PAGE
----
There’s been a consistent theme this week among my clients, my friends, and my life: the need to pare back on what we’re doing. The problem with paring back on what we’re doing is that we have to set priorities and say no to doing things that don’t match them. Which is hard.

I’m kind of telling you no today. I write these posts on Saturdays and Sundays, but there was a wrinkle in my life this week. I hosted the wedding of one of my favorite people at my house yesterday. It was supposed to be an outside wedding, but the weather had other ideas. Here are a couple of photos to give you an idea of how it played out. They are of my bedroom after we moved 75% of the furniture from my great room into it and the great room set up for the wedding. It was gorgeous and a great party and today I’m dead on my feet.

Getting ready




So instead of writing a full on post, I’m sharing a favorite episode of my Uniquely Brilliant podcast. In Episode 88 , Diana and I talk about the concept of essentialism. I’m also reading the book, Essentialism, by Greg McKeown.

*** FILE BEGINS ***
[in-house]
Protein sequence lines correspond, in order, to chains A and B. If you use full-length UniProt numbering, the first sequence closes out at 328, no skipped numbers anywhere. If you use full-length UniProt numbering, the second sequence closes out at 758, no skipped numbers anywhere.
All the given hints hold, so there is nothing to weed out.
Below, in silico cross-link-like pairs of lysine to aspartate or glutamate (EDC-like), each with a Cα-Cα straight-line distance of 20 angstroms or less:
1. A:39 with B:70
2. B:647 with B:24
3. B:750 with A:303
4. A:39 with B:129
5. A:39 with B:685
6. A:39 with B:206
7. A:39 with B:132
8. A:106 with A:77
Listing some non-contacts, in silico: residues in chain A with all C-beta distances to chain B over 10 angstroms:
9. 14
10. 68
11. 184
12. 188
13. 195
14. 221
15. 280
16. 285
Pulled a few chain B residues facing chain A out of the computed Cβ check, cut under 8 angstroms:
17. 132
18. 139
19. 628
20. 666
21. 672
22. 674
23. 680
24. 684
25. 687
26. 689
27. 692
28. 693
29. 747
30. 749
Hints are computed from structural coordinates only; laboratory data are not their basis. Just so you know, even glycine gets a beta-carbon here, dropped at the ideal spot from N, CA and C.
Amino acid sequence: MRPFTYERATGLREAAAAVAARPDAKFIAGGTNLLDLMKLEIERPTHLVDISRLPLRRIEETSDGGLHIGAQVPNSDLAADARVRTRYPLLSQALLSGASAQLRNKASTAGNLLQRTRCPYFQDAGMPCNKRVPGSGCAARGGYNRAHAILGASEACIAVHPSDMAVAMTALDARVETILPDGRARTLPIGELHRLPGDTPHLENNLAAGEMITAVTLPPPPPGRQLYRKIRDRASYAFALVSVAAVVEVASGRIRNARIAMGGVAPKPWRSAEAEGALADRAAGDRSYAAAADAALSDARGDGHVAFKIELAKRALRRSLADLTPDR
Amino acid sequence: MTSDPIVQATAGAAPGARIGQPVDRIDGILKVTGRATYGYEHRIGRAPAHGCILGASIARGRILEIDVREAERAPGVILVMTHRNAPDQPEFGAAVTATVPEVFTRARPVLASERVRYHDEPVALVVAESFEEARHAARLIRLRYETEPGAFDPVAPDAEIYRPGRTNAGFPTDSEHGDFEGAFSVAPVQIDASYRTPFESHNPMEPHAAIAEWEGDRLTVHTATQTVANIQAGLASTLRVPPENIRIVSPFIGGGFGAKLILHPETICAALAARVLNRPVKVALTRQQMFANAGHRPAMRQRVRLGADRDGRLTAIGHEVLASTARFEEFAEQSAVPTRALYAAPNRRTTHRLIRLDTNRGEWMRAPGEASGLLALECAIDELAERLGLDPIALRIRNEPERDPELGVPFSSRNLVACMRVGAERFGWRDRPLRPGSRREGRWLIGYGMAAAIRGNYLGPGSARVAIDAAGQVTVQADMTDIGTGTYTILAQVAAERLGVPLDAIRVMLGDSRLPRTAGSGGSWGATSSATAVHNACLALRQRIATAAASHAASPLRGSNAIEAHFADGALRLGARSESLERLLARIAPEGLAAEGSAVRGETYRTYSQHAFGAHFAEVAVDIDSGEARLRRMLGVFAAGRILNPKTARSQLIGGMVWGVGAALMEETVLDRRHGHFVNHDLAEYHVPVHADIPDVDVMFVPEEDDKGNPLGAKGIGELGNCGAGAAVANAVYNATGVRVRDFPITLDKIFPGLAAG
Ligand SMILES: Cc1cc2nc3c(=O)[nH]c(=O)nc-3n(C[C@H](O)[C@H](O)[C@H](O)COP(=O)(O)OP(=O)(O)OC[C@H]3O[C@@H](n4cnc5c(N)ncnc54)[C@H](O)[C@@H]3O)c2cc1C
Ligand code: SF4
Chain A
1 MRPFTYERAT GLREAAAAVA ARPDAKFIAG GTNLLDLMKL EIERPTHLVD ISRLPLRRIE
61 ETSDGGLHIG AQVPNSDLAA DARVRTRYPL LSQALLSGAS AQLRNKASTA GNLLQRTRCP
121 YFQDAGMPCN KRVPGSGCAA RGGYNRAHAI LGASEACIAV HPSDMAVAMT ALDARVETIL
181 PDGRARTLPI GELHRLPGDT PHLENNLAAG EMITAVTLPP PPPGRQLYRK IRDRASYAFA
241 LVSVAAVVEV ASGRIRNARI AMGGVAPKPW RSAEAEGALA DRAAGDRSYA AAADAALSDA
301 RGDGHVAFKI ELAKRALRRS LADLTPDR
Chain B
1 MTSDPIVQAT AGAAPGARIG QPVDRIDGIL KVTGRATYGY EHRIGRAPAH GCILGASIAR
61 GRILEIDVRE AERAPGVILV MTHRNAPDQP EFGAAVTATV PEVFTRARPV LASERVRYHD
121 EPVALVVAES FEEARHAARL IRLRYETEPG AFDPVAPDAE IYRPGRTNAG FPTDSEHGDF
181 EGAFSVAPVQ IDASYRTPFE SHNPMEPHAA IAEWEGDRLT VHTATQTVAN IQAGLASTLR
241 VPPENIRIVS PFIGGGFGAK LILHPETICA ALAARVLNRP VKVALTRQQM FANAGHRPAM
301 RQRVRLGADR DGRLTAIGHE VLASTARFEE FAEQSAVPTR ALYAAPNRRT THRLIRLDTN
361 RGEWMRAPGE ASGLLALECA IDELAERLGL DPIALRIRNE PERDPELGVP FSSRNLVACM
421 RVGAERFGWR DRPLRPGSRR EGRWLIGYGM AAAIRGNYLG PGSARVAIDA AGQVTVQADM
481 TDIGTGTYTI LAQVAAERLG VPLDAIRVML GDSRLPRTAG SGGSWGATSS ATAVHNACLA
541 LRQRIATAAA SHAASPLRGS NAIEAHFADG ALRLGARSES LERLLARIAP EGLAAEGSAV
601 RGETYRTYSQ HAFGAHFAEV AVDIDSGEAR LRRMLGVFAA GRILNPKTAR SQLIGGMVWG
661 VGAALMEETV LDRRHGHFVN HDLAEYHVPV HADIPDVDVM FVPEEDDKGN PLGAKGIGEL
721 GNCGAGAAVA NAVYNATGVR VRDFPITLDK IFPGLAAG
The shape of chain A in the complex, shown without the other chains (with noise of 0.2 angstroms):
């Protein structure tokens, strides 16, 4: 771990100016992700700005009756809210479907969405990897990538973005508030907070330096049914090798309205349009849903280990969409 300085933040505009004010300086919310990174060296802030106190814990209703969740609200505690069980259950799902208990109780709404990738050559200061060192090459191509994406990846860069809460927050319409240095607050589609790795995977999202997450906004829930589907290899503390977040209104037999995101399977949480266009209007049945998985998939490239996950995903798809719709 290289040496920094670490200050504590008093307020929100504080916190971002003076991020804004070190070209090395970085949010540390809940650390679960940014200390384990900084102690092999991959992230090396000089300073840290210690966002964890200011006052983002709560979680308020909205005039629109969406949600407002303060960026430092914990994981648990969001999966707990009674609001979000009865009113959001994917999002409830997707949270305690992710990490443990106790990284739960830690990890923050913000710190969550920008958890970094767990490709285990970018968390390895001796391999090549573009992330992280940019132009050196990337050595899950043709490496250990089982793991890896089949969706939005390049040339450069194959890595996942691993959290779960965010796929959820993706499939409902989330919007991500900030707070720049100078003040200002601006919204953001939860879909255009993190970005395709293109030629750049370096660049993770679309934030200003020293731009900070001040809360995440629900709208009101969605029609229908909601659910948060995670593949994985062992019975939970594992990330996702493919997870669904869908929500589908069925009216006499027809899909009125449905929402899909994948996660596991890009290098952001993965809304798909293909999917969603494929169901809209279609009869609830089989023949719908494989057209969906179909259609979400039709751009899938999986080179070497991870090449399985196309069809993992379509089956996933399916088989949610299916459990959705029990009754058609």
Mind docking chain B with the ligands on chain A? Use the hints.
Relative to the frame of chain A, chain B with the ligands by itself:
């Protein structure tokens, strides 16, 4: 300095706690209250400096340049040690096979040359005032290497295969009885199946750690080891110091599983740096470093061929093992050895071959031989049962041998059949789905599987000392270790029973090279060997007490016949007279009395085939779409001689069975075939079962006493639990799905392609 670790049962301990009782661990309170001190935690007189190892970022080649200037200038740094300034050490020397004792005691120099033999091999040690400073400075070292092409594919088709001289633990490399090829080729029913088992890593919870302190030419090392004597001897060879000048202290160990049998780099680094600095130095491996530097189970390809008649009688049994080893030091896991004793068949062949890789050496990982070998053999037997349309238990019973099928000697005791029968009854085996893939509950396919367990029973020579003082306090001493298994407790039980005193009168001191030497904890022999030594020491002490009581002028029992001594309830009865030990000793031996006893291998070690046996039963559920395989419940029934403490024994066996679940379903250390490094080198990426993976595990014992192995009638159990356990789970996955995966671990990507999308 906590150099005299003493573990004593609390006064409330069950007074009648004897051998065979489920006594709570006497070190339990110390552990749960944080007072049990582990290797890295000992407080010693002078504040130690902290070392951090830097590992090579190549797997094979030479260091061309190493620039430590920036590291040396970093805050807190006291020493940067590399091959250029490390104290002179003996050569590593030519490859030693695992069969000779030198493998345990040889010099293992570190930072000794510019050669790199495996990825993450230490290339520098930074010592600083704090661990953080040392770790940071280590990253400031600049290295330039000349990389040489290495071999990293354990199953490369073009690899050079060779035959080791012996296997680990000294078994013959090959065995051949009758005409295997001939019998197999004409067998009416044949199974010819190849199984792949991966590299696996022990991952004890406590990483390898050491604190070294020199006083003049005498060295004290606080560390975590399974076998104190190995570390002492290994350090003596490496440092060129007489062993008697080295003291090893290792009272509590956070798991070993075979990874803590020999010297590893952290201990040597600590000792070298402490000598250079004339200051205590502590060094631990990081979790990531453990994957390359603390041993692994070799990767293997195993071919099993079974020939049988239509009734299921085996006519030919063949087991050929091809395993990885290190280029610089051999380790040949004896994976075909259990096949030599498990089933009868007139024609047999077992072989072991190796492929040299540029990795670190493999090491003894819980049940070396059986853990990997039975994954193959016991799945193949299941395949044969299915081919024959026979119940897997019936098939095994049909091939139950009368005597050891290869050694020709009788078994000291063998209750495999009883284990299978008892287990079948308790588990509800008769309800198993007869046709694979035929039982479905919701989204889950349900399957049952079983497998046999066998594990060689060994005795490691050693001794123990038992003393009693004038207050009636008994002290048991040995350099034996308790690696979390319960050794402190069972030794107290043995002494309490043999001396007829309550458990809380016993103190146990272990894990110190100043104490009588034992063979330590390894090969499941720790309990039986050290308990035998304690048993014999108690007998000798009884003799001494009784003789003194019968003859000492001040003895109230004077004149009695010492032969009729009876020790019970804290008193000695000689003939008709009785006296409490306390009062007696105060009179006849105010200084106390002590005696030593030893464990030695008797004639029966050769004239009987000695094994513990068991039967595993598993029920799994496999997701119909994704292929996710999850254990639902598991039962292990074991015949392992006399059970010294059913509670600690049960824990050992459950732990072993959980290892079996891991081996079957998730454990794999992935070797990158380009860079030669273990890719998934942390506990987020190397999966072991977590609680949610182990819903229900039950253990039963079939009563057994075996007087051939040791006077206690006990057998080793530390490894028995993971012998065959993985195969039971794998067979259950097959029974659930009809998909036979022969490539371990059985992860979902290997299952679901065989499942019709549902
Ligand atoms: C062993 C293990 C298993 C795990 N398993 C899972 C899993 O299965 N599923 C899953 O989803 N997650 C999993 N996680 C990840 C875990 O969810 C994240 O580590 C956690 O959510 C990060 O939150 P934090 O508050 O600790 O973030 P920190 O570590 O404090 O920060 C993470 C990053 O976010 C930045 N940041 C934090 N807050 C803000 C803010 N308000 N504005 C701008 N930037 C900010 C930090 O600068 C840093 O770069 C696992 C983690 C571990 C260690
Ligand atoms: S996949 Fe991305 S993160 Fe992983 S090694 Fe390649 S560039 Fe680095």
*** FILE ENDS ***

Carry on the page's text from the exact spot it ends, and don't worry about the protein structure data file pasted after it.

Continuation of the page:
As McKeown says, “The way of the Essentialist is the relentless pursuit of less but better. It doesn’t mean occasionally giving a nod to the principle. It means pursuing it in a disciplined way.” It’s figuring out the right things to get done and dropping everything else. Which is incredibly hard – because it requires clarity of purpose and absolute fidelity to priorities. Plus it requires us to say No on a regular basis.


Some highlights from the podcast:

  • We tend to believe we have to do it all; that it’s wrong to delegate or even drop tasks.
  • We can ask ourselves is, “Am I the best choice to do what needs to be done in this situation?”
  • When other people are actually the priority (like kids, partners (at home or at work), or employees), it’s crucial to get their input about what makes them feel like they are a priority.
  • When we know our priorities, it becomes easier to delegate or let go of things that don’t honor them.
  • We do our best when we focus on what we do best.
  • Just because we can do more doesn’t mean we should.
  • Being busy does not equal being productive.
  • We can filter opportunities through the Essentialism lens and choose the best ones for us.
  • When our priorities are respected we feel valued.

I’ll leave you with this quote from Lao-Tzu as quoted by McKeown:

To attain knowledge add things every day. To attain wisdom subtract things every day.